The staff at this unostentatious but over-priced hotel (a Holiday Inn) were at least trained a bit and they seemed keen to participate.  We have during the second half of my life changed a lot for the better in businesses meant to serve people – we now follow the American rather than the Russian model.

The crowd was desultory and white, except for four guys who came in well after me.  The looked both relaxed and assured, and of very mixed backgrounds, but of a common calling – one of them of colour had something like a tea-cosy on his head.  They were courteous, if casually dishevelled, but they were not on the grog.  I surmised that they worked on rigs or were perhaps itinerant (fly-in) miners.  Two other guys in the lift confirmed this when I said that the others looked like they were feeding up for a year.  These guys said that the food on the rigs was good – I bet it is – but that these people would feed up big because it was on the ticket.  That had a ring of truth, but these guys, who were being picked up by helicopter at 6 am, did not look to me to be spongers.  Nor did they look to me to be likely to have any trouble with the girls – even putting to one side their doubtless astronomical incomes.

There was a different kind of itinerant worker at breakfast the next morning, but I will come back to that in my discussion at Broome on the subject of bogans.


I had forgotten how red the earth gets up here.  It is a kind of earthy ochre – it is so often balanced by the grey-green of spinifex.  This is a very Australian palette.  It looks permanent, but perhaps forgotten.  As had been my 4WD reservation.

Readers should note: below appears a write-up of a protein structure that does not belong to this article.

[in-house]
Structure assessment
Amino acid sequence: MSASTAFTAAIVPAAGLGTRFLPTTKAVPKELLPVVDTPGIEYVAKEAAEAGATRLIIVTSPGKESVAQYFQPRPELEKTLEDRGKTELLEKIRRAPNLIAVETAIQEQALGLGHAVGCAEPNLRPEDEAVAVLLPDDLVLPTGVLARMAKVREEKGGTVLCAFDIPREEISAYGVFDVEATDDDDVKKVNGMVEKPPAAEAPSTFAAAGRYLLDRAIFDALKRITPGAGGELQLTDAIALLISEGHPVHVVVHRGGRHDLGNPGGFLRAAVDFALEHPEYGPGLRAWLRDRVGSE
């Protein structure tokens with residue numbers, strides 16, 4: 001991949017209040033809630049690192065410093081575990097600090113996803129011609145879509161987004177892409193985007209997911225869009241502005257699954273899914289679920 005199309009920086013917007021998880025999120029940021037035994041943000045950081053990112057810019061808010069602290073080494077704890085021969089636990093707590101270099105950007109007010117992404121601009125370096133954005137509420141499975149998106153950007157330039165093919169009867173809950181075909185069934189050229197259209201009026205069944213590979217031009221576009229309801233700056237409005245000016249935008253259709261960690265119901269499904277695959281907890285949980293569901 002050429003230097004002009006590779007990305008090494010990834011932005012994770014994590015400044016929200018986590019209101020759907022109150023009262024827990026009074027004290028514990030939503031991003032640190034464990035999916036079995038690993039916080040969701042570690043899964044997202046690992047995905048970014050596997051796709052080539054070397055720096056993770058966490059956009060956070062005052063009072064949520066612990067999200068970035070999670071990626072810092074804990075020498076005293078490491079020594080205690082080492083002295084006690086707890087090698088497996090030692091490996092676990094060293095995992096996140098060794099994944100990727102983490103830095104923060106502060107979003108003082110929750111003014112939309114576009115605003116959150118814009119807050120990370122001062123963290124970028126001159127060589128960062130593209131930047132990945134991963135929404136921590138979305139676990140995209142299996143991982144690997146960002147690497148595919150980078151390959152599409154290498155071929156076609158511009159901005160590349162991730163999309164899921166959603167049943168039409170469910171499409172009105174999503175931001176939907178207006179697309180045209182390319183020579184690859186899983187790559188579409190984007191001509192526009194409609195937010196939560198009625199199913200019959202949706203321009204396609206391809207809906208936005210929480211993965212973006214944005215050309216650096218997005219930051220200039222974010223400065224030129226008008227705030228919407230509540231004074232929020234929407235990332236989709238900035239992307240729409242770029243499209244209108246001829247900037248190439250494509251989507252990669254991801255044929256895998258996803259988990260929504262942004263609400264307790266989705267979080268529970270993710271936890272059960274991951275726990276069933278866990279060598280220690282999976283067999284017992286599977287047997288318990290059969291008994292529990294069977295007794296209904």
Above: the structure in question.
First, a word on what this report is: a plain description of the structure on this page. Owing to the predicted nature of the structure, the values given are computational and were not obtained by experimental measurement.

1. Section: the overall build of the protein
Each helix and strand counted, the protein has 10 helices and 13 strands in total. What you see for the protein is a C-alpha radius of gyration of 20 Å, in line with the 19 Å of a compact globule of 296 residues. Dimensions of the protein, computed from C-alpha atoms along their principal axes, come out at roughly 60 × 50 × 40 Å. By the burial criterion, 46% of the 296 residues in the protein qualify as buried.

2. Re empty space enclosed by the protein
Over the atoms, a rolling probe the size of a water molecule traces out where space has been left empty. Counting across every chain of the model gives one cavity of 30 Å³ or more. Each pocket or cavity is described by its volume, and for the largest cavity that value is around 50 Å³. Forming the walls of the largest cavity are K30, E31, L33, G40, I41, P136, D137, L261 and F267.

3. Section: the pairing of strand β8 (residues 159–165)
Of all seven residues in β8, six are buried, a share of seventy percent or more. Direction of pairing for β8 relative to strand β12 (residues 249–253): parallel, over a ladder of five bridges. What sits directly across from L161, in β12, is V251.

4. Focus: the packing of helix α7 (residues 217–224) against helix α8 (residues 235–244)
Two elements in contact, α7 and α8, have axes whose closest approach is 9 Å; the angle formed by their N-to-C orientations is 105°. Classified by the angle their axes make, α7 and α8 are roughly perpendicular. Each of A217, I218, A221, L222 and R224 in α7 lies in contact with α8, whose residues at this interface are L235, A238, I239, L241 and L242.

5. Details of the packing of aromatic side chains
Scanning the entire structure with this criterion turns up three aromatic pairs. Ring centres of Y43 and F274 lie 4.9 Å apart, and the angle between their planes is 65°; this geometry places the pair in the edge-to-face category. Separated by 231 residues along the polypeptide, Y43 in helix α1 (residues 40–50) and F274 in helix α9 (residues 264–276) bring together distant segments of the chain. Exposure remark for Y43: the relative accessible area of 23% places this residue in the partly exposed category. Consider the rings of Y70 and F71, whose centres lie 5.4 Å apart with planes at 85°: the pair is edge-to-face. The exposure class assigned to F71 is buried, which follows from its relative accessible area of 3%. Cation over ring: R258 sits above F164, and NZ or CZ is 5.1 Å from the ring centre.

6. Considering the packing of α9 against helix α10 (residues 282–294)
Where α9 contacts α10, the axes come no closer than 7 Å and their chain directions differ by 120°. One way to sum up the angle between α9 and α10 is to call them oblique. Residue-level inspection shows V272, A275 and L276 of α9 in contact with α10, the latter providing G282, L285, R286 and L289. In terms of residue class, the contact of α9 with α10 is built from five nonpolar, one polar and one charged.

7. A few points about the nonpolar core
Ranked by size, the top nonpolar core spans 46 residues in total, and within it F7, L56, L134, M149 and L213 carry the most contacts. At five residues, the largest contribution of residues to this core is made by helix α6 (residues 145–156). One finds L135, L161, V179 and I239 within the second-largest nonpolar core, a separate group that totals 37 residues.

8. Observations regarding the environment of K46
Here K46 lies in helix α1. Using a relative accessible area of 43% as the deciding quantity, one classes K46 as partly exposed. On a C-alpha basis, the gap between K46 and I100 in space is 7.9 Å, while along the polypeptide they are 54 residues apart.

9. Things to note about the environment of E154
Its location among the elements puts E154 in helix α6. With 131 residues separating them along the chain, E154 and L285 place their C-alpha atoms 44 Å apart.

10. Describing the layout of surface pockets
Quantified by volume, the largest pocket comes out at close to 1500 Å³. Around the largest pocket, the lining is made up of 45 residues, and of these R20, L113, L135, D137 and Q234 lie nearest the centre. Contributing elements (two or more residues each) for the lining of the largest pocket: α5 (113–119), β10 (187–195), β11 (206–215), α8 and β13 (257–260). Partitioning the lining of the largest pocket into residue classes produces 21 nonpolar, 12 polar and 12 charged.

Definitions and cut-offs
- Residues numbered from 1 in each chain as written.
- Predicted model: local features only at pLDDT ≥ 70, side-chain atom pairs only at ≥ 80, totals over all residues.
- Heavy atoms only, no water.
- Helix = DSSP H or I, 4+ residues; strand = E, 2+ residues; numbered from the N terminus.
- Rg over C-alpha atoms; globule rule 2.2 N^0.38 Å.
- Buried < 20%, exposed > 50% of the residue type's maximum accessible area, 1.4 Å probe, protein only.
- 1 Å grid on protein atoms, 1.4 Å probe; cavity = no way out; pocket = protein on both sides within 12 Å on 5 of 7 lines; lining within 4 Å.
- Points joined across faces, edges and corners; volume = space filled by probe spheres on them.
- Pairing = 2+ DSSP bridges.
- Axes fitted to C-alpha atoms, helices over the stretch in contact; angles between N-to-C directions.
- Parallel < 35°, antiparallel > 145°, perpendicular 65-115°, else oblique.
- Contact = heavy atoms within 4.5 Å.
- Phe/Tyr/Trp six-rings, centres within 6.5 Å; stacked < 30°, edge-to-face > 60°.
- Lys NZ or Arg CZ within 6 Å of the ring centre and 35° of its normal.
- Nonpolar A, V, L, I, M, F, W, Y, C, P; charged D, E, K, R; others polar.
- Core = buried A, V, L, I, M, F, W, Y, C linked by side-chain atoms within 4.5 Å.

The laid-back approach of the outback started the moment I got off the plain at Broome, in a temperature about 20 degrees higher than the one I had left.  They took their own sweet time getting the luggage off the plane, and almost immediately the conveyor belt seized up.  No one said anything – or appeared to be doing anything, except for a man whose title was Quarantine Officer, who was desperately trying to look relevant – and failing.  It eventually started and after about twenty minutes – Qantas would shatter this record on my return flight – it got going.

By the time I reached the taxi queue, there was not a taxi in sight, but some rather anxious resort seekers a little curious about what they might be in for.  We tried to join forces but it is hard when you do not know the lay-out of the town.  Eventually a very nice man from Pakistan drove me to the address of the 4WD agent.  (My host at the Ochre Moon B & B that night, Frank, thought he may have been a Timorese posing as Pakistani, but he was well acquainted with the hill-towns of the Raj, as was the Rajasthani cab driver who would drive me home two weeks later from Tullamarine.)  When we got to the address I had been given, I could not see a sign for my company Australian 4WD so I asked the driver to wait